Lucy Powell and “carbon literacy”- no answers yet… #manchester #climate

The Labour Party’ MP Lucy Powell (Manchester Central) has repeatedly declined to say whether she has completed the much-vaunted “carbon literacy” training that various people in Manchester seem to think is worth a bucket of warm spit.

On 26 June the editor of MCFly (who lives in Manchester Central constituency, i.e. has the pleasure of Ms Powell as his MP) wrote to her as follows

Dear Ms Powell

I note with despair but not surprise that you voted to expand Heathrow.

I have questions for you about your “carbon literacy” status –

a) Have you completed the ‘carbon literacy’ training, developed by Manchester’s “Cooler Projects”,
http://www.carbonliteracy.com/
and supported by Manchester City Council? If so, when did you do this?

b) If not, do you intend to do it?

c) If you do not intend to do it, why not.

Thanks very much.
There was an automated reply sent back the same day.
On July 5 I wrote again

Dear Ms Powell

nine days ago I sent you this
<snip>
Nine days ago I got an automated reply

Still waiting
Thank you

Today I got an standard  response (clearly the one sent out to anyone who thinks that voting for airport expansion is suicidal, ecocidal etc etc.). It’s below, just for the lulz.
Hilariously, there was no response to the straightforward questions about carbon literacy…. This has been pointed out to Ms Powell (or rather, her office junior).

Thanks for what looks suspiciously like the standard letter sent out to everyone who contacted you about your Heathrow decision.

I will repeat (now for the third time) some very very straightforward questions. I do look forward to your reply.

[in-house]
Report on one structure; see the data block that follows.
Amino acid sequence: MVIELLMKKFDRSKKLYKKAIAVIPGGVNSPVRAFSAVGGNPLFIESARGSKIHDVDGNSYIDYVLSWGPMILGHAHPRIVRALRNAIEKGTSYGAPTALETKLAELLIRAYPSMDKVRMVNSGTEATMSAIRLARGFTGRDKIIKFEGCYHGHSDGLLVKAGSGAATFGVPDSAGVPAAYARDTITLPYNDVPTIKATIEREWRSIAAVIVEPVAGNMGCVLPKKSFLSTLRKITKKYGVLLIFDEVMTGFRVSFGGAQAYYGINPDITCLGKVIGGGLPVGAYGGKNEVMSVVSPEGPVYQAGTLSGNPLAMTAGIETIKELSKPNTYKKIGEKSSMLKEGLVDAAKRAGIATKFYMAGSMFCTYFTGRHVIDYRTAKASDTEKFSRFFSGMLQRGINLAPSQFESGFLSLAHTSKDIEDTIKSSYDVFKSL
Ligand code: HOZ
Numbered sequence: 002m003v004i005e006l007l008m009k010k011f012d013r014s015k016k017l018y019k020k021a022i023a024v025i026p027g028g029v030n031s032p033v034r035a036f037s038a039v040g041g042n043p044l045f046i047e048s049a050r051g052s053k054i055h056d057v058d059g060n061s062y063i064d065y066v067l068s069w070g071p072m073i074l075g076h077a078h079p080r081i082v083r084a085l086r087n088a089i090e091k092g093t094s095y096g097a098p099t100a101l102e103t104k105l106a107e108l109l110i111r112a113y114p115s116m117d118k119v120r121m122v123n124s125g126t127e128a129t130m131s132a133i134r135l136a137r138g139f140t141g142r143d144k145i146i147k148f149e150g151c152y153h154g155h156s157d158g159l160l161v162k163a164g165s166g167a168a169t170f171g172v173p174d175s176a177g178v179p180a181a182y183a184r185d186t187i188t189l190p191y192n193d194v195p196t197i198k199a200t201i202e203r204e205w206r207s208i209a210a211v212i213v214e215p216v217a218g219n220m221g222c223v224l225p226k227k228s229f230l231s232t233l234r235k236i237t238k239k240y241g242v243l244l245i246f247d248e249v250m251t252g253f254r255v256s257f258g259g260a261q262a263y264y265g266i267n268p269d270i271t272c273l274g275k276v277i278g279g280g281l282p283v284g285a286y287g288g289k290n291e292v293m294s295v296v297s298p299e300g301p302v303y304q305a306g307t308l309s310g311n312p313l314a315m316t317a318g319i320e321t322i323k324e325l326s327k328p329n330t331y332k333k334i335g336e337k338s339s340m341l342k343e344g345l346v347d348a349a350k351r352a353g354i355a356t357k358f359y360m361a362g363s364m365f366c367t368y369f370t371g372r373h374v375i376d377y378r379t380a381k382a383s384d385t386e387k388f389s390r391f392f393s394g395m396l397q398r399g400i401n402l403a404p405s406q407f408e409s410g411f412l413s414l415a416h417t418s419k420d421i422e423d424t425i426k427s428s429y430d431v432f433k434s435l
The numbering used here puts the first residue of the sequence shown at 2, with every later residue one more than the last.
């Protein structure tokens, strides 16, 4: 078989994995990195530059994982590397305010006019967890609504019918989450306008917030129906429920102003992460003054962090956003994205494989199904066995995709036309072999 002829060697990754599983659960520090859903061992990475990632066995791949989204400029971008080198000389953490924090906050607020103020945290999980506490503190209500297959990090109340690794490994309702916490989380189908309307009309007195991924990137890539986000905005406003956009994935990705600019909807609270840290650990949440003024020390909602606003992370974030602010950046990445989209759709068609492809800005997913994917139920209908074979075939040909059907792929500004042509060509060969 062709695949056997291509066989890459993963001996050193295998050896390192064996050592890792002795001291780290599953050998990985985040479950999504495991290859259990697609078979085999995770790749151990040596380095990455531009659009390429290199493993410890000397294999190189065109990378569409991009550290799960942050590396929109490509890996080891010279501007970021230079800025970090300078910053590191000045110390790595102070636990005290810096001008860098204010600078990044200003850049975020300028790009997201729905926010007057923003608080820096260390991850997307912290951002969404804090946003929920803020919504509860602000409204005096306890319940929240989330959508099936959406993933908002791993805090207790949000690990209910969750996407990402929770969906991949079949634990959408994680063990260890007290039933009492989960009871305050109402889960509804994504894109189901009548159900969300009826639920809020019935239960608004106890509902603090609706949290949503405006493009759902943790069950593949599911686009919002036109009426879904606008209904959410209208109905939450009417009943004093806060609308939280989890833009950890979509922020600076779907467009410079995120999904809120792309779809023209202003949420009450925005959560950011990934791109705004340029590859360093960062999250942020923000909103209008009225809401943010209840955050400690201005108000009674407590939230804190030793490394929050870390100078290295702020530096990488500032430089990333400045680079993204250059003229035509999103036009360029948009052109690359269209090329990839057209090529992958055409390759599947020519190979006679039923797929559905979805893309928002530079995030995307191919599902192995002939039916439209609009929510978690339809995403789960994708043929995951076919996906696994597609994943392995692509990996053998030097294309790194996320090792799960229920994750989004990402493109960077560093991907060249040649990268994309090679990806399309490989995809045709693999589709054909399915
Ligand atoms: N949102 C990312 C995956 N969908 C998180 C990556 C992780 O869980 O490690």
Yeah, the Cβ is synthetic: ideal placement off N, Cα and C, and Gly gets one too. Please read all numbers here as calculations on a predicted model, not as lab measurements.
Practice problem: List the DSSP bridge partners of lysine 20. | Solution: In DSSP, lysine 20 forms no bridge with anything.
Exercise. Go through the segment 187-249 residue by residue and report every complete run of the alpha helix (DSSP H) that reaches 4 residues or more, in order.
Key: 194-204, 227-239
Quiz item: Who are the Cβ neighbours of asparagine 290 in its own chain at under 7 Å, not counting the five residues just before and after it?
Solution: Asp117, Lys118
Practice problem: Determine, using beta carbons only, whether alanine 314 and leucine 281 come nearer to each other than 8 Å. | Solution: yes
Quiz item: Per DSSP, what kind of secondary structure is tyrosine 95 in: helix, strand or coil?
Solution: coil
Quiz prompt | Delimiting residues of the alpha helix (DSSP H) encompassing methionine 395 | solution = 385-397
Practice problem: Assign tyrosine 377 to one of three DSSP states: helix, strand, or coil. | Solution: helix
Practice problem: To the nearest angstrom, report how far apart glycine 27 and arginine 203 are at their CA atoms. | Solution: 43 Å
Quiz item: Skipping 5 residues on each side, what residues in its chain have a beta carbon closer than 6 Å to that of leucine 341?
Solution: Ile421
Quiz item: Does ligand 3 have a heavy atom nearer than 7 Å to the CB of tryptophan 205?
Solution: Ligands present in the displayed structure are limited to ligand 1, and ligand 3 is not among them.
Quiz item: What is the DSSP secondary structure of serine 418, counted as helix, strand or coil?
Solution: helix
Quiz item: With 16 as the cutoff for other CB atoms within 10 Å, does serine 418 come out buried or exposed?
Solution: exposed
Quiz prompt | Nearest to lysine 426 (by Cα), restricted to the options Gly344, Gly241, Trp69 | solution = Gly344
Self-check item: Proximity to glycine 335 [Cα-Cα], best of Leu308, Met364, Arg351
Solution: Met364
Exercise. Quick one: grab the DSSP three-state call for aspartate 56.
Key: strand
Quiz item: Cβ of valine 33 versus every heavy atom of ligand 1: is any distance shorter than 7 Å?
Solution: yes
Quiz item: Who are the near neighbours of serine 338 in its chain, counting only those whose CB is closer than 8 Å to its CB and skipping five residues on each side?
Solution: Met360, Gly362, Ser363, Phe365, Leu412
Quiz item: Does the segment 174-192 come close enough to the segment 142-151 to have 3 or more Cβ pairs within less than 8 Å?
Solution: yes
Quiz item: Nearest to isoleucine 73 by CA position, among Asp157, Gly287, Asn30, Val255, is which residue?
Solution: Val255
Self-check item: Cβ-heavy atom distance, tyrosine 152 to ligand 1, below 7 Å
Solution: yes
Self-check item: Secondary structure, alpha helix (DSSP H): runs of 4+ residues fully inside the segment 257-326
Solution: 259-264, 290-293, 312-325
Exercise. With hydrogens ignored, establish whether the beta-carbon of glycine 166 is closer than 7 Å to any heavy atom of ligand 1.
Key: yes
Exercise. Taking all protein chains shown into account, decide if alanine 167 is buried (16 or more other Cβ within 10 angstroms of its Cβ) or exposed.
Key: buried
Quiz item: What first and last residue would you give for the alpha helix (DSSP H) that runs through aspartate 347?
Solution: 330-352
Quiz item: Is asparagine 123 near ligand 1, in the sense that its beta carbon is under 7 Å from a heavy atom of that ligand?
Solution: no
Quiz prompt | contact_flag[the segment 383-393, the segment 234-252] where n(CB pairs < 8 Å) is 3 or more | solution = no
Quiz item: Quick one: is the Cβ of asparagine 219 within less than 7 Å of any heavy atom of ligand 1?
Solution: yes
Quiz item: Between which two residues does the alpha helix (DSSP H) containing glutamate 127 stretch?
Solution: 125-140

That reply from the good MP-

Dear Marc

Thank you for the email about the vote on whether to approve the additional Terminal at Heathrow- this is a difficult subject and one which people have strongly held views on.

After much thought, I reached the conclusion that Heathrow expansion was the right thing for the country. It will see additional jobs created and will improve connectivity with the rest of the world. The expansion was strongly backed by Unions who want to see their member’s jobs protected and new jobs created

Heathrow, as the UK’s major hub airport, has been in need of additional capacity for some time and successive Governments have put off making a decision about its future.

Heathrow wrote to all MPs to say that they are confident that their plans meet what has been asked of them in terms of air quality, noise, carbon emissions and ensuring the whole of the UK benefits. One thing they were keen to highlight is a triple-lock of measures to ensure the project does not delay the UK’s compliance with legal limits for air quality; plans to further reduce Heathrow’s noise impacts; and using supply chain opportunities to benefit small businesses in the regions.  They also have a sustainability strategy which sets out their aspiration for carbon neutral growth.   These conditions will be set out as a legal requirement and should they not be met, the expansion won’t go ahead.

Obviously I recognise the tension between expansion and our commitments to reduce our impact on climate change and it is right that this is continuously scrutinised.

As a Manchester MP, one of my concerns is about the benefits to the UK as a whole. Whilst I recognise that there will be supply chain benefits across the country, I think that the Government need to do much more to address our infrastructure deficiency in the North. Connectivity improvements across the North are vital for our future and I coordinated a letter on behalf of GM MPs to ask for assurances that the North would receive the investment it needs. I have attached a copy of this letter for your information.

Infrastructure investment does not start and end at Heathrow expansion and whilst we may disagree on this issue- I hope we will agree on calling for the North to receive its fair share of investment.

Best wishes

 

Lucy

 

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About manchesterclimatemonthly

Was print format from 2012 to 13. Now web only. All things climate and resilience in (Greater) Manchester.
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